Republican Presidential nominee Mitt Romney, who is famous for his constrained and controlled campaign stops has unexpectedly turned into a candidate who is all too keen to jell up with the voters in extempore and impromptu settings.
Romney's recent timetable is totally different from what he had been doing in the weeks leading up to the first presidential debate. During the first 20 days of September Romney held 13 campaign events, 13 fundraisers and made 6 impromptu campaign stops. However since the first presidential debate, Romney has held many town-hall style calls, visited local restaurants and even stopped by an elementary school.
Republican sources say that the transformation is because of two major reasons.
The first is the thrust that is felt by the Romney campaign after a powerful debate performance in Denver. Onething that Republicans are considering here is that Romney may have executed the first debate pretty well, but the uneven and variable audience participation in the town hall may confuse the improvisation–shy candidate.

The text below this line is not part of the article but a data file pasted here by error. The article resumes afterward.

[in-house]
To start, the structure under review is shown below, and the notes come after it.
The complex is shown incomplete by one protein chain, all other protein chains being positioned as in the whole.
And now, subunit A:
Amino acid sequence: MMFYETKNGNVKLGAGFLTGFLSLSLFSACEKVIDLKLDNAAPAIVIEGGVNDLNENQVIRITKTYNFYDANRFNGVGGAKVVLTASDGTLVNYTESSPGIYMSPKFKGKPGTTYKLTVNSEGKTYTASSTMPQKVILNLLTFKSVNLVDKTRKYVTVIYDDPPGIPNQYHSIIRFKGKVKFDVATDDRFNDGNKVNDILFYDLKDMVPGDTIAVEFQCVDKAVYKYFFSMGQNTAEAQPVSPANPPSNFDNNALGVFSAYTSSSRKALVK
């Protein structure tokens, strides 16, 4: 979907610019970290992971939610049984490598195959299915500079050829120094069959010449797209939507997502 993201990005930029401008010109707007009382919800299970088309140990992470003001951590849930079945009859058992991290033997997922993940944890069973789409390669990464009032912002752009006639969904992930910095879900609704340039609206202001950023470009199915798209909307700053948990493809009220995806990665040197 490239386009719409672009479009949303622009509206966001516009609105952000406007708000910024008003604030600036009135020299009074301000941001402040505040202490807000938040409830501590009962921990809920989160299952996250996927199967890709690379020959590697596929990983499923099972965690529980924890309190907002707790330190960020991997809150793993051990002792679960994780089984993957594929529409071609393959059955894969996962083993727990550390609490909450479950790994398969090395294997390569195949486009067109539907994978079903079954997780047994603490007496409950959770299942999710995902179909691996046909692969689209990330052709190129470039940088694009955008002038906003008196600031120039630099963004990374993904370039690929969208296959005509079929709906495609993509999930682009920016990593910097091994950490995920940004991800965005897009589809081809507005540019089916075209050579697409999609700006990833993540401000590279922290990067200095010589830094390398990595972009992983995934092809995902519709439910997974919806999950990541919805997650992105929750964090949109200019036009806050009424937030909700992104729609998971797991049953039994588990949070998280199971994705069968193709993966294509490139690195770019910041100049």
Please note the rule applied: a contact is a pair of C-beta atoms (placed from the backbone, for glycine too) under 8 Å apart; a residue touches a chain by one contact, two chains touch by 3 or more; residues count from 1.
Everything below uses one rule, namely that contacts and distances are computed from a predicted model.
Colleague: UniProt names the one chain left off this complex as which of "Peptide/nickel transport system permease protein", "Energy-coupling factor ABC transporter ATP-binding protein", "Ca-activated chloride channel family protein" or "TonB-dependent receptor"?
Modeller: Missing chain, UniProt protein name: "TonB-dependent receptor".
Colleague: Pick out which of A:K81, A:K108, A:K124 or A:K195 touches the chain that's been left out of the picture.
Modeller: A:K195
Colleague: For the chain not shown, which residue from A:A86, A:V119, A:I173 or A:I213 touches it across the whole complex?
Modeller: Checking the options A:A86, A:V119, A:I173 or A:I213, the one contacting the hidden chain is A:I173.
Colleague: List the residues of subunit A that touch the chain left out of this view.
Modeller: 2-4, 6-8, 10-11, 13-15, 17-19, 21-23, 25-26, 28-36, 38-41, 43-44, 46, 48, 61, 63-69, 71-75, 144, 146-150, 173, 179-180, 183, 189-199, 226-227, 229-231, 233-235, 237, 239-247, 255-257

The second reason is next week’s “town hall-style debate” and that format plays right in to Romney’s weakness. It will be challenging for Romney because it will not feature journalists or moderator asking questions, there will be ordinary people asking questions. Therefore, he needs to gear himself up for the next presidential debate.
A Democratic official while assessing the Republican nominee's recent unexpected change said:
"Don't you assume that [the retail politics] is debate prep in itself, given that next debate is interactive town hall format?" asked one top Democratic official.
And a Republican operative when asked this question replied to Huffington post that:
"I think that's true," the operative replied. "The other thing I'd note is that if you look at that last debate, the president did not give an actual anecdote about a human until the debate was practically over. Doing these type of events provides you with those anecdotes to use."
The environment of Town Hall debate I creates much more personal dynamic when instead of standing behind a podium, the candidates sit on stools and then get up and walk as they
answer question put up to them directly by voters. You can’t dodge them or interrupt them; in fact you are judged while persuading every single individual
Town hall debate brings unpredictability with itself and that’s a threat to Mitt Romney.